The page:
Details on the voting process can be found on the Board of Elections website. The form of the ballot question for the additional one-quarter cent sales tax is mandated by the NC General Statute 105-537(c). Please see below:
[ ] FOR [ ] AGAINST
Local sales and use tax at the rate of one-quarter percent (0.25%) in addition to all other State and local sales and use taxes.
Why is it not stated on the ballot how the county plans to use the additional one-quarter cent Sales Tax?
The NC General Statutes define that a county may not stipulate the use of these funds on the ballot.
Doesn’t the state provide funding for building construction?
No. School construction is a local responsibility.
Why can’t the county use lottery money for new schools?
The 2014 State budget, Senate Bill 402, rewrote the lottery statutes and eliminated the 40% statutory guarantee of net lottery proceeds for school construction, a dedicated funding stream in place since the lottery’s inception in 2005. Counties have counted on this statutory funding stream to issue bond indebtedness for school construction with 70 counties (including Rutherford County) dedicating their lottery proceeds to repay school debt service. The NC Education Lottery proceeds have been 22% less than originally projected and changes in the law in 2007 decreased these funds as well. In FY2009-2010, the lottery funds distribution to Rutherford County hit a high of $1,177,371 and then in FY2010-2011, when the distributions statewide were capped at $100mil, the county distribution dropped to $690,605. Distributions have continued to decline and the lottery distribution to Rutherford County was only $585,730 for FY2015-2016. Lottery funds alone are not sufficient to address critical capital facility needs and new school construction. Also, the Corporate Tax set aside (the ADM fund), which was previously earmarked to address school system capital outlay needs, was permanently eliminated in 2014.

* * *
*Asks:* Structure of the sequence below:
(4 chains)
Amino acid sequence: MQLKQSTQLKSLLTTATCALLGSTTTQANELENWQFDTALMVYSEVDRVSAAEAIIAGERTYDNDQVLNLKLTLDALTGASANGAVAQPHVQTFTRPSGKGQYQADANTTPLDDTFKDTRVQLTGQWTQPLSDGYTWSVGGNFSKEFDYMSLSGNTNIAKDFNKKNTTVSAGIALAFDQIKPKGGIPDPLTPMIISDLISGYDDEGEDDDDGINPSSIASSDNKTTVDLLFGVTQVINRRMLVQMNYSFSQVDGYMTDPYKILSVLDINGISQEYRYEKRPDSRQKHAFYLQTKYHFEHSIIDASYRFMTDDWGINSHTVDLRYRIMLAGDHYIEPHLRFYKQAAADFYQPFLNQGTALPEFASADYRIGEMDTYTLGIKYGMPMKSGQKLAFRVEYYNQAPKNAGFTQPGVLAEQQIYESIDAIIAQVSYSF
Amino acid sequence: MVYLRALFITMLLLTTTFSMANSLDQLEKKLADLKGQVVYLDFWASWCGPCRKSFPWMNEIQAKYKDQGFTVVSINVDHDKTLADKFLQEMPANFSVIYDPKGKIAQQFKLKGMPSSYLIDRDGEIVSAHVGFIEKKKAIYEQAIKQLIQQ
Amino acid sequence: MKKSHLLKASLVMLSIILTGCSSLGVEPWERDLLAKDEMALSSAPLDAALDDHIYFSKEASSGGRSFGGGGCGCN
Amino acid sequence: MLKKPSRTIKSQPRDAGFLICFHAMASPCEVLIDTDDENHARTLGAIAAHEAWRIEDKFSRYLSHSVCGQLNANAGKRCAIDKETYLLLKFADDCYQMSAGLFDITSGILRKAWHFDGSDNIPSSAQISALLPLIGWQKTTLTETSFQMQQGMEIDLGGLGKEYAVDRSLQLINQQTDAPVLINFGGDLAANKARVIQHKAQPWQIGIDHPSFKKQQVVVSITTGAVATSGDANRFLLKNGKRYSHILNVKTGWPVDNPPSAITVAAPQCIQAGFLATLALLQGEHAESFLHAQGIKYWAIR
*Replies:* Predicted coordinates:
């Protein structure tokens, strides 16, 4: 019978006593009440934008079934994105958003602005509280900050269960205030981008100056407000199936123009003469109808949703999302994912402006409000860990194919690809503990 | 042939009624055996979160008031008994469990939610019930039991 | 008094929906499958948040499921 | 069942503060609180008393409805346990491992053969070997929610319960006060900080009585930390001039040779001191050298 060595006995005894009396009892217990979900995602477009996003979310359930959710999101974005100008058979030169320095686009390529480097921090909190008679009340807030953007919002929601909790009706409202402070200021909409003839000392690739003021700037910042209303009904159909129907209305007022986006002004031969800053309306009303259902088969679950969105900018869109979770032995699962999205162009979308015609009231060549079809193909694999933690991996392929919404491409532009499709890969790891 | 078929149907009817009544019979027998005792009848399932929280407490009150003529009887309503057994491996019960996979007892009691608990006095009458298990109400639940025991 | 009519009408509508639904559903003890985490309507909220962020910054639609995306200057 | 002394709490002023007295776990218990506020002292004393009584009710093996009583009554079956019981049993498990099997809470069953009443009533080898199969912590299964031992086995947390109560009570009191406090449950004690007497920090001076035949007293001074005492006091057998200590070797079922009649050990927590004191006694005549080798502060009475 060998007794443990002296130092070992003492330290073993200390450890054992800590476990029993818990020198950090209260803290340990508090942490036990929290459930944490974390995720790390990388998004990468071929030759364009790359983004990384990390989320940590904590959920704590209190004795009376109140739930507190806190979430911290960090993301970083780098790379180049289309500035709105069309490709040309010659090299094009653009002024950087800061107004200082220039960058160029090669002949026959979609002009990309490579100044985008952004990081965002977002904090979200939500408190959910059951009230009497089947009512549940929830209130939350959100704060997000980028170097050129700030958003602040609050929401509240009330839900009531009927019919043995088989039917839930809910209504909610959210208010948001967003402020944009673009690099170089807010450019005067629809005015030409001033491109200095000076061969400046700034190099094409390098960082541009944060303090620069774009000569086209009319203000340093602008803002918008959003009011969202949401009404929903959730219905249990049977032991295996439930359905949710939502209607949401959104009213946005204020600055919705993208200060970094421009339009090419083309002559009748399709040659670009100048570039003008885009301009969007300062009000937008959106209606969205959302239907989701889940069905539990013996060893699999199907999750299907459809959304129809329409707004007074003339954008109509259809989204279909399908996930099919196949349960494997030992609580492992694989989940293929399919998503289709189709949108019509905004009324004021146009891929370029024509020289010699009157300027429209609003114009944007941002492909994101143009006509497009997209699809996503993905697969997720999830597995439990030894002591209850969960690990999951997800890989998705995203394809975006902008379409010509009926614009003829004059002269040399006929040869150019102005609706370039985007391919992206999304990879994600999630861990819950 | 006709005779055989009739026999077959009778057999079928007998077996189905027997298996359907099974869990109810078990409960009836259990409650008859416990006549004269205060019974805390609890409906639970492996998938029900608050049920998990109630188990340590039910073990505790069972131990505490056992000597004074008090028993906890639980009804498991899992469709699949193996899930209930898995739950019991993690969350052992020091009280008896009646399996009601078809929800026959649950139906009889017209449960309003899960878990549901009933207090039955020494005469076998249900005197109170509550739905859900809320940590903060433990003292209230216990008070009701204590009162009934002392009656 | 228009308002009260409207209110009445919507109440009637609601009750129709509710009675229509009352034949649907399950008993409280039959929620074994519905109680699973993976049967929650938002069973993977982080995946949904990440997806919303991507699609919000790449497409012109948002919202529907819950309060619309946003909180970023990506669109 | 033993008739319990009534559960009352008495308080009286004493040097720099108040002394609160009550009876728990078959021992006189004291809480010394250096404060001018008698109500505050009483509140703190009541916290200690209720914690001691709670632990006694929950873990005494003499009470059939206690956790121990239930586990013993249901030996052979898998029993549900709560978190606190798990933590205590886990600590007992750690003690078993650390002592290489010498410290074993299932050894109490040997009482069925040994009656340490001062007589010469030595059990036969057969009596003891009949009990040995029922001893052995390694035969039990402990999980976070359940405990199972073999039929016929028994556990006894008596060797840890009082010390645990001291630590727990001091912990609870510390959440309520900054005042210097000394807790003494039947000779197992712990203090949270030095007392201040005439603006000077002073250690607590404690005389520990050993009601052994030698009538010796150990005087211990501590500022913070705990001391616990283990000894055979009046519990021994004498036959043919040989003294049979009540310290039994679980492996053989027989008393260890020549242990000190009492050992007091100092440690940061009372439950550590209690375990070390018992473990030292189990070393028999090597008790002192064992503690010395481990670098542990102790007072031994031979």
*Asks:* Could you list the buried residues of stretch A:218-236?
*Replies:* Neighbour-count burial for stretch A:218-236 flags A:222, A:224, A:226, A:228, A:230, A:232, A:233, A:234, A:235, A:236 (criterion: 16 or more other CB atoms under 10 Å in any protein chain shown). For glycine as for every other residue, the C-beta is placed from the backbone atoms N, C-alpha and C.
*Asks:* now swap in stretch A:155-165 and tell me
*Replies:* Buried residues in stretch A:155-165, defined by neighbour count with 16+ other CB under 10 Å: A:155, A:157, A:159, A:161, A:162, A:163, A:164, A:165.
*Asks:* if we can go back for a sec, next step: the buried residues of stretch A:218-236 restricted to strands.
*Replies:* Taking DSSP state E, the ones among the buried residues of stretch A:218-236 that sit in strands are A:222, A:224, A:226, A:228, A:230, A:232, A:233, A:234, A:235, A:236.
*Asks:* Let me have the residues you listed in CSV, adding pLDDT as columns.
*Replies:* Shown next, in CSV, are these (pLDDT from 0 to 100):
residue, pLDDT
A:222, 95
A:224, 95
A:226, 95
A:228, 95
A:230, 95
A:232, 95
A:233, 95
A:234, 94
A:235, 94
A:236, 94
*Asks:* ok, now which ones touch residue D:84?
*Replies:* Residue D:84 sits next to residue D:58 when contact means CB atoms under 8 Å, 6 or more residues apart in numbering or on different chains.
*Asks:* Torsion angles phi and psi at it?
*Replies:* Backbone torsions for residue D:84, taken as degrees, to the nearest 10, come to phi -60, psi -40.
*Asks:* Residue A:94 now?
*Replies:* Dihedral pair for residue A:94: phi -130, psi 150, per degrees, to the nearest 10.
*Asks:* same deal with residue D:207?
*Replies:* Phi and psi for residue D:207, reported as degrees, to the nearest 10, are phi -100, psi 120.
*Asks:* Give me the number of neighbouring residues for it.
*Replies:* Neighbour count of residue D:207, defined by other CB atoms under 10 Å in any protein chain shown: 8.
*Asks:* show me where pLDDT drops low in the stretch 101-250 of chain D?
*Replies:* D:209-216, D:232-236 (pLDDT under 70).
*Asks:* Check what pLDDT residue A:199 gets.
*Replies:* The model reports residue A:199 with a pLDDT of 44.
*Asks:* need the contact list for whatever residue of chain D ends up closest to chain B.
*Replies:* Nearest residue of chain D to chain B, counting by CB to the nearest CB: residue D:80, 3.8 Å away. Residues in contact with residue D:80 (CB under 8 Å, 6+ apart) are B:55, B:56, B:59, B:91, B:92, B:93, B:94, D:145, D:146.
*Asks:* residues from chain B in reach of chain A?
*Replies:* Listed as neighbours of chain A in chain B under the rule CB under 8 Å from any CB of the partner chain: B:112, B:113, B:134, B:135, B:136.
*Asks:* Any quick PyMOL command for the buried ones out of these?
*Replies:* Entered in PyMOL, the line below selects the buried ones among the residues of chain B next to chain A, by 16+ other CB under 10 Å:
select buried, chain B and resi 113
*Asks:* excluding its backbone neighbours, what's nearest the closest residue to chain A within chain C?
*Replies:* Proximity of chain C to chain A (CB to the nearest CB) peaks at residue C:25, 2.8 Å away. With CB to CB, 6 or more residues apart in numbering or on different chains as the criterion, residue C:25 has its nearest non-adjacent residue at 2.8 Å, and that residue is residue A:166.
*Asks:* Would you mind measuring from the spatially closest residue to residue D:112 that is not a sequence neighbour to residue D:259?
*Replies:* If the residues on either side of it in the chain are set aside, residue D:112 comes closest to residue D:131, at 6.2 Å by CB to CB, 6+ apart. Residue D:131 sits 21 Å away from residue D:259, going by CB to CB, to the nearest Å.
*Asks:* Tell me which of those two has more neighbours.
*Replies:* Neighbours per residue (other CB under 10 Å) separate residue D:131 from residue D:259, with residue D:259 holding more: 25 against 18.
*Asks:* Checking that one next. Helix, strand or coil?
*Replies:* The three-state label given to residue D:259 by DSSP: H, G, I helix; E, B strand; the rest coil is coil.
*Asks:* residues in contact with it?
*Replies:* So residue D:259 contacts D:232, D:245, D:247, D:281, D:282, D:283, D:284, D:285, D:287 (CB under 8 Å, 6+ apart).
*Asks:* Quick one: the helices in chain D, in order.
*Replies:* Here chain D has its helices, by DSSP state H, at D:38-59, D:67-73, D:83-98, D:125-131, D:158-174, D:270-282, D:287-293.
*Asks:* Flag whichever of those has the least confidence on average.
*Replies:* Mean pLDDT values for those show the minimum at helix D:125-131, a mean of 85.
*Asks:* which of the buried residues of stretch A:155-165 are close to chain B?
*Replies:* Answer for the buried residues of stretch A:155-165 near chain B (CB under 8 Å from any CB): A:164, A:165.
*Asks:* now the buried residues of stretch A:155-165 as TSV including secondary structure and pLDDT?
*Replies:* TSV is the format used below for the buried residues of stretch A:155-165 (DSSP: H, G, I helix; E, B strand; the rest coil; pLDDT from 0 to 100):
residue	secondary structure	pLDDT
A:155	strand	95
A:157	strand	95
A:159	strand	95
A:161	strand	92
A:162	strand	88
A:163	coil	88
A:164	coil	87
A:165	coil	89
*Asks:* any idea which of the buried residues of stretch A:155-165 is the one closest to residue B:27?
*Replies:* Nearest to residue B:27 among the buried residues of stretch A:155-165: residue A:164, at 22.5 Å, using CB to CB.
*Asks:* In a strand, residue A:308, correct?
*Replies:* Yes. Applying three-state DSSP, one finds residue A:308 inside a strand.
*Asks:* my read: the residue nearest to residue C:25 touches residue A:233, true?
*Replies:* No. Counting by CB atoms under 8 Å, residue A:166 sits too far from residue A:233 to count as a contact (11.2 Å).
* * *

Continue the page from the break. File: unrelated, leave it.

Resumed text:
Will the proceeds generated by the proposed referendum apply to charter schools?
County governments are not permitted to provide any direct funding to charter schools. Funds to charter schools are allocated indirectly through the local school administrative unit. G.S. 115C-426
directs the State Board of Education to promulgate a uniform budget format for local school units that must include at least three funds – the State Public School Fund, the local current expense fund and the capital outlay fund. G.S. 115C-238.29H and 115C-238.29H(b) define that charter schools are entitled to a proportional share of state appropriations and monies in the local current expense fund to a local school unit. However, there is no statutory allocation of monies to a charter school from a local school administrative unit’s capital outlay fund. For more information on this topic, visit NC School of Government Coates' Canons article County Funding for Charter Schools and NCGS 115C-218.105, State and Local Funds for a charter school.